Caveat: I am not what one – anyone – would call a good baker.

I found a recipe and began. I had everything I need to hand.

The recipe stressed buttering the pans and then chilling them.

One of the peculiar flavors I’ve always picked up in these cookies is lemon.  I don’t have any from that Roman courtyard, but I have their essence in my memory.

Do NOT confuse baking powder and baking soda.  This is baking powder.

Combining milk, lemon juice, zest, sugar, powder.

I may have filled the like shells too full.

With the characteristic reverse dimple I’ve seen before.

The oven was, I think just a little too hot.  I need to experiment with it more.    And I don’t have a cooling rack: I use spatter guards.

They are, frankly, pretty good!

I am pushing myself these days to cook outside of my comfort zone.  Hence, new things courageously.


About Fr. John Zuhlsdorf

Fr. Z is the guy who runs this blog. o{]:¬)
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  1. benedetta says:

    Looks good Father!

  2. Vincent1967 says:

    Dear Father,

    Thank you for this lovely post!

    I’ve been a little maudlin (and the etymology of that is so apt re St Mary Magdalene!) recently. The remembrance of things past which you evoke clearly is so important. I’ve just realised that instead of my getting cross about things, I need to reflect, a la recherche du temps perdu, that we continue to pluck little joys and memories from the wayside and offer them up.

    Thank you

    [Thanks for that. Better than the etymology of mawkish, which is what I feel more and more often as I get older.]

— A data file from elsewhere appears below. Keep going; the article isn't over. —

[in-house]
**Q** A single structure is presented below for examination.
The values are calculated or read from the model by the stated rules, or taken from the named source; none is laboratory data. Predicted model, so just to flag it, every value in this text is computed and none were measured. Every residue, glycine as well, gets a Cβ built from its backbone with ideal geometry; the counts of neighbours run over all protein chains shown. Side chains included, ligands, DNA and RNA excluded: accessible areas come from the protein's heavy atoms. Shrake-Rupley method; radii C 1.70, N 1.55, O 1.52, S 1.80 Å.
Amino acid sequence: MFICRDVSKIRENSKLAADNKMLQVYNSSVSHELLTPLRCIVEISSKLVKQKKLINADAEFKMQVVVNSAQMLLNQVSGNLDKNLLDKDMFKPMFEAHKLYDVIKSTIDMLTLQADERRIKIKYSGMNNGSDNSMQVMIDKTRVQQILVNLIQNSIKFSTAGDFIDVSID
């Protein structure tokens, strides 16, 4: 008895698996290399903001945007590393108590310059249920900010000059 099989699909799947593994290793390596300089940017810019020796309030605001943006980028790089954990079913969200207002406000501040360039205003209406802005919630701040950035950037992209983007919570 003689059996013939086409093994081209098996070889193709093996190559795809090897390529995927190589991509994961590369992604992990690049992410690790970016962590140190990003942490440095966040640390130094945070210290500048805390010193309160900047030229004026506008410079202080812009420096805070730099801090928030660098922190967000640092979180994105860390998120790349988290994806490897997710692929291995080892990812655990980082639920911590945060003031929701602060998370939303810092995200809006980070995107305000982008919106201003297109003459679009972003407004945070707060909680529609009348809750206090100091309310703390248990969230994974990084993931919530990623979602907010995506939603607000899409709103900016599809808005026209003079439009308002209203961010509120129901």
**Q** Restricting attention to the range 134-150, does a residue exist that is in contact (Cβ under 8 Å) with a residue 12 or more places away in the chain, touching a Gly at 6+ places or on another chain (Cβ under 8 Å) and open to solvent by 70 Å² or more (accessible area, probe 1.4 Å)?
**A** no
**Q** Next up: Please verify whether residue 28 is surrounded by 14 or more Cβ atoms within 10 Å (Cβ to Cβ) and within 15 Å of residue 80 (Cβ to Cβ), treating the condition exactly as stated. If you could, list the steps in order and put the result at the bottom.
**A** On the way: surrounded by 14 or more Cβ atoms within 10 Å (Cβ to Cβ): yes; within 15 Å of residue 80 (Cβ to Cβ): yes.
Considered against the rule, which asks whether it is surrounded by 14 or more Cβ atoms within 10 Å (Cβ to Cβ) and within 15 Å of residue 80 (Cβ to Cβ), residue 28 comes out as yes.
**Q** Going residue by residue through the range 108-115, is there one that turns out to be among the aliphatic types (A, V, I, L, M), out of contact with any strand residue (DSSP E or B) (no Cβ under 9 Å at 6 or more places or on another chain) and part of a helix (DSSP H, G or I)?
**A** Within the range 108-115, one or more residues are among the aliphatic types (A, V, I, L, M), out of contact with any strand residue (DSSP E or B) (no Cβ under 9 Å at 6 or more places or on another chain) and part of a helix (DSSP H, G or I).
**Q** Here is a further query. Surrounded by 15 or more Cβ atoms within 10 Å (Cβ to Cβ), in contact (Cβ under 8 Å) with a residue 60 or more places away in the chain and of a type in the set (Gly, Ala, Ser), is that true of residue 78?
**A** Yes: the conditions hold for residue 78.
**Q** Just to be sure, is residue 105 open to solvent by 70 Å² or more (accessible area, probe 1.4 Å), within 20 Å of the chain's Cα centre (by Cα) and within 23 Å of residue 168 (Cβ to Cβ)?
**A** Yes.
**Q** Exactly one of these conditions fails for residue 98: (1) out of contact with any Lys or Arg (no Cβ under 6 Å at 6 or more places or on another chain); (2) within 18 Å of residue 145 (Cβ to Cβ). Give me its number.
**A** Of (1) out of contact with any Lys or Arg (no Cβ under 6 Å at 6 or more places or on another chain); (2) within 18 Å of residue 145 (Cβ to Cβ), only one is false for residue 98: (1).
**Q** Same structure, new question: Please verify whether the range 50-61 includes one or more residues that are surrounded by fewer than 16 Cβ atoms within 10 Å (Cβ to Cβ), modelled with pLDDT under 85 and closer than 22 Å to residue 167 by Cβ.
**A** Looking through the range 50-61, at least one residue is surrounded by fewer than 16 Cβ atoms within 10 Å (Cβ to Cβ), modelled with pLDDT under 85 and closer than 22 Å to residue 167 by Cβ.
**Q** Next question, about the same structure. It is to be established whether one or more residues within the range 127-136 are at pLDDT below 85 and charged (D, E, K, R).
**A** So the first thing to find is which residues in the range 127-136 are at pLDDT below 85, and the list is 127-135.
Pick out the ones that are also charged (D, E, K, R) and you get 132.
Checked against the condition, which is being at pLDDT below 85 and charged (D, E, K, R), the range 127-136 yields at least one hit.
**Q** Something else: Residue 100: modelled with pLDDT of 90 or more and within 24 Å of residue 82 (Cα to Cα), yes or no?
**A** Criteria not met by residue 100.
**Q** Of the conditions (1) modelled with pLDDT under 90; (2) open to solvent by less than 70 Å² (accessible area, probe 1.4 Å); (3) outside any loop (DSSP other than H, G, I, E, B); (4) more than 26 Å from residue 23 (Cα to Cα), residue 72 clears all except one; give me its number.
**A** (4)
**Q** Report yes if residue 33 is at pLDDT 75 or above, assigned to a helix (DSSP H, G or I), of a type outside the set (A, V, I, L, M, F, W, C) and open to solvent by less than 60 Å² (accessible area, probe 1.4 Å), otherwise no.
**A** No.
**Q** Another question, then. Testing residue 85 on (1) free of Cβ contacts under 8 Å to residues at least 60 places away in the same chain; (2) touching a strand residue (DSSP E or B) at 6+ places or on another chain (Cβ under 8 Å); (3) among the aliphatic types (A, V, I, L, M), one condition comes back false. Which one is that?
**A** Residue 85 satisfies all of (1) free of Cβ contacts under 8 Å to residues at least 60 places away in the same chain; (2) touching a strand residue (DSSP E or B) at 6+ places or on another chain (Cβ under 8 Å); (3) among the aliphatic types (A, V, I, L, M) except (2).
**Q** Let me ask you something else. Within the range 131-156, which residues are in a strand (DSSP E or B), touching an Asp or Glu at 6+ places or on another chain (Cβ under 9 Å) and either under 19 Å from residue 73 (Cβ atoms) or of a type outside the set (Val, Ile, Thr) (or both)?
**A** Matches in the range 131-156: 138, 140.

Fr. Z's Gold Star Award

  3. Charles E Flynn says:

    Cooking outside of the comfort zone is one of the arts practiced by men who make the effort to avoid being “bears with furniture”.

    If I recall correctly, you have not mentioned any thermometers used in either your stovetop cooking or baking.

  4. Elizabeth D says:

    Last August when students were moving out of their apartments I found a big container of commercially made, individually wrapped Madeleine cookies. They were a little lemony, they were good. I don’t think I’d had them before. Jesus saved St Mary Magdalene from “the dumpster”.

    Thanks for remembering it is her feast day, I don’t know if it is bad but I decided it’s a solemnity to me and used the proper offices for her day. But I got sad today reflecting that in public there is no liturgical remembrance of her day and therefore no liturgical day all this year of a women notable for repentance. What is the meaning of that? I do wonder and worry why the Church tends to have a lacuna in regards to women who are models of repentance. Can this be in keeping with the heart of Jesus?

  5. Liz says:

    I do pray for your mother sometimes. I think of her, and of my own dear mother, who has passed on to the next life, when I think of chocolate chip cookies. I have not been able to make good chocolate chip cookies for years, and I cannot find my mom’s recipe. Sniff.

    Also, when I was blessed to go to the shrine of St. Gerard in Italy five years ago. I prayed for all of the priests I could think of and their mothers. I’m certain you were on that list.

    May God reward your mother for raising a good son.

  6. FrAnt says:

    I think I know why your Madeliens browned too much. When you use dark colored baking pans you need to lower the heat by 20-25 degrees. It should say on the pan’s tags. The other thing is that the oven rack is too close to the heat. Try using the next level up.
    I’ll pray for your mother, please pray for mine. God bless.

  7. Gregg the Obscure says:

    I am startled that you’re not an adept baker since baking is more rubrical than other forms of cooking where one can largely “play by sense of smell”.